As conceded by the State, the trial court erred by resentencing the defendant to a sentence greater than that provided for in his plea agreement without giving the defendant an opportunity to withdraw his plea, as required by G.S. 15A-1024.

The trial court did not violate G.S. 15A-1024 (withdrawal of guilty plea when sentence not in accord with plea arrangement) by sentencing the defendant in the presumptive range. Under G.S. 15A-1024, if the trial court decides to impose a sentence other than that provided in a plea agreement, the court must inform the defendant of its decision and that he or she may withdraw the plea; if the defendant chooses to withdraw, the court must grant a continuance until the next court session. Although the defendant characterized the agreement as requiring sentencing in the mitigated range, the court found that his interpretation was not supported by the plain language of the plea arrangement, which stated only that the State “shall not object to punishment in the mitigated range.”

Where a negotiated plea agreement involving several charges included a plea to a crime later held to be unconstitutional, the entire agreement must be set aside. After the jury convicted the defendant of being a sex offender on the premises of a daycare, the defendant pled guilty based on a negotiated plea arrangement to being a sex offender unlawfully within 300 feet of a daycare, failing to report a new address as a sex offender, and three counts of attaining habitual felon status. While his direct appeal was pending, the statute prohibiting a sex offender from being within 300 feet of a daycare was held to be unconstitutional. The court thus held that the defendant’s conviction for that offense must be vacated. Having determined that the defendant’s guilty plea to violating the unconstitutional statute must be vacated the essential and fundamental terms of the plea agreement became unfulfillable and that the entire plea agreement must be set aside.

A drug trafficking defendant who pled guilty and was sentenced pursuant to a plea agreement allowing for a sentence greater than that provided for in the applicable drug trafficking statute was entitled to have the plea agreement set aside on this basis.

Under G.S. 15A-1023(c), a trial court does not have the discretion to reject a defendant’s guilty plea when the plea is the defendant’s informed choice, is supported by a factual basis, and is the product of an agreement where the prosecutor does not make any recommendations concerning sentence.  In this case, the defendant negotiated a plea arrangement with the State where he would plead guilty to indecent liberties in exchange for the State’s dismissal of a first-degree sexual offense charge.  During the plea colloquy, the defendant stated that he was pleading guilty to prevent the child victim “from being more traumatized” but that he “did not intentionally do what they say I’ve done.”  The trial judge rejected the plea, explaining that his practice was not to accept pleas in situations where a defendant asserts factual innocence.  The defendant’s case was continued to a later court date where he entered a plea of not guilty and was convicted by a jury of first-degree sex offense and indecent liberties.  Construing language in G.S. 15A-1023(c) that a trial judge “must accept the plea” when it is the product of an informed choice and is supported by a factual basis as a statutory mandate, court first found that the defendant’s argument that the trial court erred by not accepting the plea automatically was preserved for appellate review notwithstanding the defendant’s failure to raise the argument at trial.  The court then found that because there was a factual basis for the plea and evidence that it was the product of the defendant’s informed choice, the trial judge lacked discretion to reject the plea on grounds of the defendant’s refusal to admit factual guilt and plainly erred by doing so.  The court explained: “Nothing in [G.S.] 15A-1022 or our case law announces a statutory or constitutional requirement that a defendant admit factual guilt in order to enter a guilty plea.”  The court remanded the case to the trial court with instructions to the district attorney to renew the plea offer.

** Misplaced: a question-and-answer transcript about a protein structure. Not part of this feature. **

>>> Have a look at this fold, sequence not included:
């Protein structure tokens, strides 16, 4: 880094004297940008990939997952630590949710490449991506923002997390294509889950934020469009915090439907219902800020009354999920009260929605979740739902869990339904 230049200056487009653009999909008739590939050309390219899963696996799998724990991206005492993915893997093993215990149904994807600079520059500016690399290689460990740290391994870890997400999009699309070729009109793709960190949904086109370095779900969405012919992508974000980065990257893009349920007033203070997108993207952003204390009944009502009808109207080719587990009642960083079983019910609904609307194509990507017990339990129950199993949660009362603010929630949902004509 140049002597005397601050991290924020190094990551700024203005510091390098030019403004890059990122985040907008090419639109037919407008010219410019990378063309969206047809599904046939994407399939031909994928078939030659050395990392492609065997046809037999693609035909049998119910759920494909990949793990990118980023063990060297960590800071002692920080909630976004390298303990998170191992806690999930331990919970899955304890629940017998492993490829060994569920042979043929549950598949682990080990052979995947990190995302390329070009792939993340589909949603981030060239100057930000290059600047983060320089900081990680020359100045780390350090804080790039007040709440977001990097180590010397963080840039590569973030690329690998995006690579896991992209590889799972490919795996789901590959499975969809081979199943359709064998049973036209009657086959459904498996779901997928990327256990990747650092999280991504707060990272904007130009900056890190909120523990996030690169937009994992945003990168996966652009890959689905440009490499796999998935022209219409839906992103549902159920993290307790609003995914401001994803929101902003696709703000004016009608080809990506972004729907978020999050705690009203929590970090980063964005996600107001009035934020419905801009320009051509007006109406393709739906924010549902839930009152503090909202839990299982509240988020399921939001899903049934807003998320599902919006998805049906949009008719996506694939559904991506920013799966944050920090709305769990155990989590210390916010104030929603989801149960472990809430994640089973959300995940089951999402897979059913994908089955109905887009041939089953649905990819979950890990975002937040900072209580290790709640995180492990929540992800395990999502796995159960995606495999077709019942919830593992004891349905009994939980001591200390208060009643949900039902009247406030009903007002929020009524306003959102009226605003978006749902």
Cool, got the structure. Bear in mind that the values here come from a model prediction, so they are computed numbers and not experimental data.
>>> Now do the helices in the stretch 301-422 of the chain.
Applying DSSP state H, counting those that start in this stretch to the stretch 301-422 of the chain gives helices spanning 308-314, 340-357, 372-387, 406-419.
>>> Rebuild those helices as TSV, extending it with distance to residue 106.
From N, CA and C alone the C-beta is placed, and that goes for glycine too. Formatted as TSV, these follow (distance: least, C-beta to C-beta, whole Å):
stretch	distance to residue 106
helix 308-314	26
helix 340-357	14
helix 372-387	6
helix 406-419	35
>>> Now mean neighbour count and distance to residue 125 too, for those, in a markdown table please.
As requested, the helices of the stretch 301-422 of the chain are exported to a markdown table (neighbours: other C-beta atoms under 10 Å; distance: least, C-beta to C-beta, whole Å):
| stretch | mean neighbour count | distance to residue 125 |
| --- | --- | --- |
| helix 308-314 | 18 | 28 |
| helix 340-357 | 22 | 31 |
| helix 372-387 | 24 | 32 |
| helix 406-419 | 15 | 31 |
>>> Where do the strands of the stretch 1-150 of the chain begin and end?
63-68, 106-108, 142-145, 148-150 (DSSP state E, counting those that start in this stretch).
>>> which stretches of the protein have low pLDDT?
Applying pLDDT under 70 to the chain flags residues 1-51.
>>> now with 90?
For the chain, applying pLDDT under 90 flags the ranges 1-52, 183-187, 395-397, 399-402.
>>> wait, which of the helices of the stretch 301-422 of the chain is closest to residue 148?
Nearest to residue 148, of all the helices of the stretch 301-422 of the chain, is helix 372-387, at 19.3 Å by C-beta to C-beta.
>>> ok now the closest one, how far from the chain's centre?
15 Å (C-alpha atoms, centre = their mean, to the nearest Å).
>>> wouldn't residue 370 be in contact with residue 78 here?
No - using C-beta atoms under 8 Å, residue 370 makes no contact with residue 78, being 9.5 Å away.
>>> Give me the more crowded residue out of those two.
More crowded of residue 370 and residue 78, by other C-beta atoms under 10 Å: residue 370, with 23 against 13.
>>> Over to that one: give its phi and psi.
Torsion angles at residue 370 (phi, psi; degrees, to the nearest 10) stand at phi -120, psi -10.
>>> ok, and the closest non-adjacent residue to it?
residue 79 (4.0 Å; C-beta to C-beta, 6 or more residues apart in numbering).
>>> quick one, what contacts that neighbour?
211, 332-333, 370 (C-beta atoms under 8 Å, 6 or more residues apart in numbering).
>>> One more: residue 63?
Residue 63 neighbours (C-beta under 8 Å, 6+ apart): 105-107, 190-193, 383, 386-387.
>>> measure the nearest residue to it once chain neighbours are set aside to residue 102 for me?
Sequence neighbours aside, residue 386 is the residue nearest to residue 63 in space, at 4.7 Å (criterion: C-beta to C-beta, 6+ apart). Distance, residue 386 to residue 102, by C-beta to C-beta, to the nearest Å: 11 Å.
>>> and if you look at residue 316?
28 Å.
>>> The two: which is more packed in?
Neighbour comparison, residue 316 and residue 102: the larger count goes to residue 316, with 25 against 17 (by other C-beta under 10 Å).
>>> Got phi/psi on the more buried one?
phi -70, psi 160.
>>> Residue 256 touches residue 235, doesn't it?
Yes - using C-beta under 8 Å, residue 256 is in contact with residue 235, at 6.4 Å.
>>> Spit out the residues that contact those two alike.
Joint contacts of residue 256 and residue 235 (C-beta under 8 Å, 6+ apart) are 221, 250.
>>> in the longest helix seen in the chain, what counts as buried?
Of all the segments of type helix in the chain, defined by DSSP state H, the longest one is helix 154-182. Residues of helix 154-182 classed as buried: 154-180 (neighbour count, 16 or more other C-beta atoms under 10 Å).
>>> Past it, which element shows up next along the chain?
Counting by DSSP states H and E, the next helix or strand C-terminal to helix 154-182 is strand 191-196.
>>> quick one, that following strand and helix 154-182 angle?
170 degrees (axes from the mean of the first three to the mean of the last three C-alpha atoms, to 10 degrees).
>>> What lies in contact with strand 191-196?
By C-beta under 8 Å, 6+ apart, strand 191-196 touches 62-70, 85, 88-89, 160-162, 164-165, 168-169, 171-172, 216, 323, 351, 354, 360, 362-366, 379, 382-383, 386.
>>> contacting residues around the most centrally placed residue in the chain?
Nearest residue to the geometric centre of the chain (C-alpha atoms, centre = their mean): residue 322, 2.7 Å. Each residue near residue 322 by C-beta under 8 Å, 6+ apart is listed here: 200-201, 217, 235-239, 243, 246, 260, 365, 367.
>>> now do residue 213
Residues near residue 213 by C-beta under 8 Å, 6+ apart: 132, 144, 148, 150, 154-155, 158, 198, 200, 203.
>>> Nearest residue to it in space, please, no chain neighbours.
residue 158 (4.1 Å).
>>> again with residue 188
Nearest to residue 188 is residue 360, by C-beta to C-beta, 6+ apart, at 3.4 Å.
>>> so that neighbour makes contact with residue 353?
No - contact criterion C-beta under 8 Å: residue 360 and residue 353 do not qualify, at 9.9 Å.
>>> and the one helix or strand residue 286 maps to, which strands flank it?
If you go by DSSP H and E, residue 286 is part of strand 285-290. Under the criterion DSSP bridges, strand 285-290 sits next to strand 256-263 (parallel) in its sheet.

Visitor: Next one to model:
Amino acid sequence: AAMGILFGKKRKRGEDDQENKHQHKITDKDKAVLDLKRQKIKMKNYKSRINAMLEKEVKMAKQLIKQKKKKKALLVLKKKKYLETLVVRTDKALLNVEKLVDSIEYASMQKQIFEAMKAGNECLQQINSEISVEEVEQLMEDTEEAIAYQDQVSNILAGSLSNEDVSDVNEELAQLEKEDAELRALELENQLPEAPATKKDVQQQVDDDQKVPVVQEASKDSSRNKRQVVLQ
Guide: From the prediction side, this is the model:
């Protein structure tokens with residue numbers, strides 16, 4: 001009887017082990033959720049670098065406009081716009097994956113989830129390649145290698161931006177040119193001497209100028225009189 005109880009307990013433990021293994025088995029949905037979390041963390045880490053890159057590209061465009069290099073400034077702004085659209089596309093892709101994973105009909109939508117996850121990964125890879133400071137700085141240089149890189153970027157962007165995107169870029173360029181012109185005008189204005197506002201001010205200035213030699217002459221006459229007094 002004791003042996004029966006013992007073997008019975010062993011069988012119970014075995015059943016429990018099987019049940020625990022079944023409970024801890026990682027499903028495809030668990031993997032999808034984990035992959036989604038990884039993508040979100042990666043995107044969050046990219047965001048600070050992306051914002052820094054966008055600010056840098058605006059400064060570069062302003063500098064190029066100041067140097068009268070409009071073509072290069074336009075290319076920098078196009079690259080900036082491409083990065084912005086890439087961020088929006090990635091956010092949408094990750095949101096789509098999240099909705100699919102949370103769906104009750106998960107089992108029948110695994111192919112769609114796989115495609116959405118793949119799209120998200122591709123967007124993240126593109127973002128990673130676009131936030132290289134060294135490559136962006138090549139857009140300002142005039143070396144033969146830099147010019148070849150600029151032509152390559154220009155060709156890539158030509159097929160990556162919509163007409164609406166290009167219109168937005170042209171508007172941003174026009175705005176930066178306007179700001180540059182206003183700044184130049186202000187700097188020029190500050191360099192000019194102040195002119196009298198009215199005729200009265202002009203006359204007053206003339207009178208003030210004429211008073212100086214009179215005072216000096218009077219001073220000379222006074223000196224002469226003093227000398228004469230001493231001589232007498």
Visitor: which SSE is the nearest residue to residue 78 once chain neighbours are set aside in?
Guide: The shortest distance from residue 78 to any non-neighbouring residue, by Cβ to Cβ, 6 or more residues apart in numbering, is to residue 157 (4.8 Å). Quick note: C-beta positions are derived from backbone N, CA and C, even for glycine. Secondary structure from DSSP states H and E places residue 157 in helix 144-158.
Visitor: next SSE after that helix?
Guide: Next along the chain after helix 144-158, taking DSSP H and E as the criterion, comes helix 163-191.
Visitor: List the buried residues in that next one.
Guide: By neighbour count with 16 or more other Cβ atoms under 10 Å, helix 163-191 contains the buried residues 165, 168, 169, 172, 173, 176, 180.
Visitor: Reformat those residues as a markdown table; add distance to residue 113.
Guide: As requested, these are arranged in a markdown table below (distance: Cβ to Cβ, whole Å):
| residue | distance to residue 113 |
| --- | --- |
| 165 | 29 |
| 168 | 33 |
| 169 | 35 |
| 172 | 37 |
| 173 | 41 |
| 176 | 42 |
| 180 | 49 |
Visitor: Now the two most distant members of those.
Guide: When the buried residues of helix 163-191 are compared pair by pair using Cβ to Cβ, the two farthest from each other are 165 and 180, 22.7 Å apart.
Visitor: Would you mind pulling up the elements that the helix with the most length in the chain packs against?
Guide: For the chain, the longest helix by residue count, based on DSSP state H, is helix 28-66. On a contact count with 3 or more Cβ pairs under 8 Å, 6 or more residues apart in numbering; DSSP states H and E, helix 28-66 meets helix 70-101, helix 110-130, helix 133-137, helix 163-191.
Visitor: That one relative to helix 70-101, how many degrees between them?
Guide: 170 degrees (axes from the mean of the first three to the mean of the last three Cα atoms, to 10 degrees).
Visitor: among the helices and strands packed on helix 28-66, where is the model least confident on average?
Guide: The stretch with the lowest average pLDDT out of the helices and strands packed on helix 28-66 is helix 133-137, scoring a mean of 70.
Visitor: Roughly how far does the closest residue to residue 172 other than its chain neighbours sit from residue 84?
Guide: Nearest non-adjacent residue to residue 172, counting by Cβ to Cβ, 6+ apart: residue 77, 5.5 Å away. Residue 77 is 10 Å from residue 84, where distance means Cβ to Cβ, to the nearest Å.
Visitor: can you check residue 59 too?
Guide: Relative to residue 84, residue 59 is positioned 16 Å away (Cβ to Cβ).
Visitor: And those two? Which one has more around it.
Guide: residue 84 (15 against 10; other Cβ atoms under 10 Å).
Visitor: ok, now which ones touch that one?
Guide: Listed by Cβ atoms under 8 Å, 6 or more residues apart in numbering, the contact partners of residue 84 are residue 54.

Justice Morgan, joined by Justice Newby, dissented and expressed the view that the defendant’s argument was not properly preserved for appellate review.  In Justice Morgan’s view, the trial judge is “the determiner” of whether there is a factual basis for a plea and whether it is the product of informed choice.  While G.S. 15A-1023(c) mandates that a plea be accepted when those conditions are satisfied, the majority erred by substituting its judgement on those conditions for the trial court’s and by considering the defendant’s argument on appeal when the defendant had failed to object in the trial court.

In a per curiam decision in a case decided under the Antiterrorism and Effective Death Penalty Act of 1996, the Court held that no decision from the Court clearly establishes that a state court must impose a lower, originally expected sentence when—after the defendant has pled guilty—the State is allowed to amend the criminal complaint, subjecting the defendant to a higher sentence, and the defendant is allowed to withdraw his plea but chooses to enter into a new plea agreement based on the amended complaint. A California court permitted the State to amend a criminal complaint to which the defendant had pleaded guilty. That guilty plea would have led to a maximum sentence of 14 years, 4 months. The court acknowledged that permitting the amendment would lead to a higher sentence, and it consequently permitted the defendant to withdraw his guilty plea. The defendant then pleaded guilty to the amended complaint and was sentenced to a term with a minimum of 25 years. The Ninth Circuit held that the defendant was entitled to specific performance of the lower 14-year, 4-month sentence that he would have received had the complaint not been amended. The Court reversed. It began by assuming that the State violated the Constitution when it moved to amend the complaint. But it went on to conclude: “we still are unable to find in Supreme Court precedent that clearly established federal law demanding specific performance as a remedy. To the contrary, no holdin[g] of this Court requires the remedy of specific performance under the circumstances present here.” (quotation omitted).